Variety of Sources
As we explore the variety of sources from which we discern theological structures, we’ll first consider biblical revelations, and second we’ll look at extra-biblical revelations. Whenever we interpret any Scripture, we must be ready to use every resource available. But it helps to think in terms of these two basic categories of resources. Let’s turn first to biblical revelations that show us theological structures.
The Scriptures are a central concern when we discern theological structures in any period of Old Testament history. But one question that often arises is this: “To which portions of Scripture should we look?”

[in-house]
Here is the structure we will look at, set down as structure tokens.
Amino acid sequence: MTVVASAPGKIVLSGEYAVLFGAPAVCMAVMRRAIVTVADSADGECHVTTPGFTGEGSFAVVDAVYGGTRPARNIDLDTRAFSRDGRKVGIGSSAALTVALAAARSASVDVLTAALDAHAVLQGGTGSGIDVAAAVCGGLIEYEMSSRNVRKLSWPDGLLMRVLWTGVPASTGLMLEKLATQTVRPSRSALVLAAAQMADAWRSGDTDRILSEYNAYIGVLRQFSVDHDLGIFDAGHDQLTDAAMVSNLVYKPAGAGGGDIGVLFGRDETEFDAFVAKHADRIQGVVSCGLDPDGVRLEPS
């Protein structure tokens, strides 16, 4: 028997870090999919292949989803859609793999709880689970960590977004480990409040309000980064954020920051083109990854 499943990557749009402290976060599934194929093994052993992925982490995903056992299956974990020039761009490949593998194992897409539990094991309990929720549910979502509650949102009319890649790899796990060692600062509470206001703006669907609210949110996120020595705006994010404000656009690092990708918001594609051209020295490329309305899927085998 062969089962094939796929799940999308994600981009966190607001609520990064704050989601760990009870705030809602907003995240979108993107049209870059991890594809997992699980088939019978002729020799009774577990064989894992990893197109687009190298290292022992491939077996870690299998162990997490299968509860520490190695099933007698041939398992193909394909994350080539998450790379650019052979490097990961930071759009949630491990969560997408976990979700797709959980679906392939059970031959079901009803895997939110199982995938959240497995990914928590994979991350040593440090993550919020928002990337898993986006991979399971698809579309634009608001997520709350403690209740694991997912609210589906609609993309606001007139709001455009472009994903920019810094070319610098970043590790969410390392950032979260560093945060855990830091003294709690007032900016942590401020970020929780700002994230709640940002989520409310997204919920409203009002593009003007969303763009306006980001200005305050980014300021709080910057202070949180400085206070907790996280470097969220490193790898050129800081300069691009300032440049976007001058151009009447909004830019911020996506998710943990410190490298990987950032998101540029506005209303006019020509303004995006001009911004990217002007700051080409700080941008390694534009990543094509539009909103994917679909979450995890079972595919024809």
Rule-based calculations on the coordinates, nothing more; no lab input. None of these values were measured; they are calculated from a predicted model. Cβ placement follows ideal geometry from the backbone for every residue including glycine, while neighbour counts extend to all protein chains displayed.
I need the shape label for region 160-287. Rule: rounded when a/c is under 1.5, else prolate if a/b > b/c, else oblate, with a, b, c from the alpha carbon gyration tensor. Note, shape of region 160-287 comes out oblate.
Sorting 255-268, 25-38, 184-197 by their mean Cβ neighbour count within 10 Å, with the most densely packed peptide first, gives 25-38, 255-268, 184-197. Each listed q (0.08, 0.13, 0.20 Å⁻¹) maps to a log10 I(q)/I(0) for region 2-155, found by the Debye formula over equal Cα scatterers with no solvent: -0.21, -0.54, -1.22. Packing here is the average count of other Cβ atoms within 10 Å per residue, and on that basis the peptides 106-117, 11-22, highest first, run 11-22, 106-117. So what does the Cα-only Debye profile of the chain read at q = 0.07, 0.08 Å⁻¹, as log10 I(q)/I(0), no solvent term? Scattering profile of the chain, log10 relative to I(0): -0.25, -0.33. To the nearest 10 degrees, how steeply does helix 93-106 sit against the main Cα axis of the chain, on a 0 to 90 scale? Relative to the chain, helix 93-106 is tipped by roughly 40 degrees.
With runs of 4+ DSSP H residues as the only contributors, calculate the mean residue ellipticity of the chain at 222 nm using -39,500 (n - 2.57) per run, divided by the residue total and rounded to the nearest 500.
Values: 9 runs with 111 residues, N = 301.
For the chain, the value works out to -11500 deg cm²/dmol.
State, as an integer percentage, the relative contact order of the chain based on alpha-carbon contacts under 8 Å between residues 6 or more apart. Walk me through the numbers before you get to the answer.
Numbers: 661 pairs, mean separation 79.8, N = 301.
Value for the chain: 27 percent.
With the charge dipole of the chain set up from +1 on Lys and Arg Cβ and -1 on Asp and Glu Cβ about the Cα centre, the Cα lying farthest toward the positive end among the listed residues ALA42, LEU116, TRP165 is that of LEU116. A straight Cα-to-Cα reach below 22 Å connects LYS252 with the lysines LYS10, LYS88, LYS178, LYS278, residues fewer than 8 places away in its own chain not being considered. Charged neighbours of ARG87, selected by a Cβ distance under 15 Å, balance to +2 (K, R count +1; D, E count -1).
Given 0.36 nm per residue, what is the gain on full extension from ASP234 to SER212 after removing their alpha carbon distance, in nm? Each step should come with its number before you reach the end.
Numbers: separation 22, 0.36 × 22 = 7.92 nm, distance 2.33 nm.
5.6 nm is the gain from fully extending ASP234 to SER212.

For the sake of discussion, we’ll divide this question into three types of biblical passages as they relate to a period of time in view: first, synchronic passages — portions of Scripture that deal with the historical period under consideration; second, antecedent passages — portions of the Bible that deal with history prior to the period in view; and third, subsequent passages — portions of Scripture that deal with revelation from later periods of time. Consider first how synchronic biblical passages help us discern theological structures.
When we speak of synchronic passages in this context, we do not mean passages that were written at the same time, but passages that describe the same period of time. On occasion, information about the theology of a period appears in only one passage of Scripture. But most of the time, periods of Old Testament history are described in more than just one place. When this is the case, we need to combine all the information Scripture provides.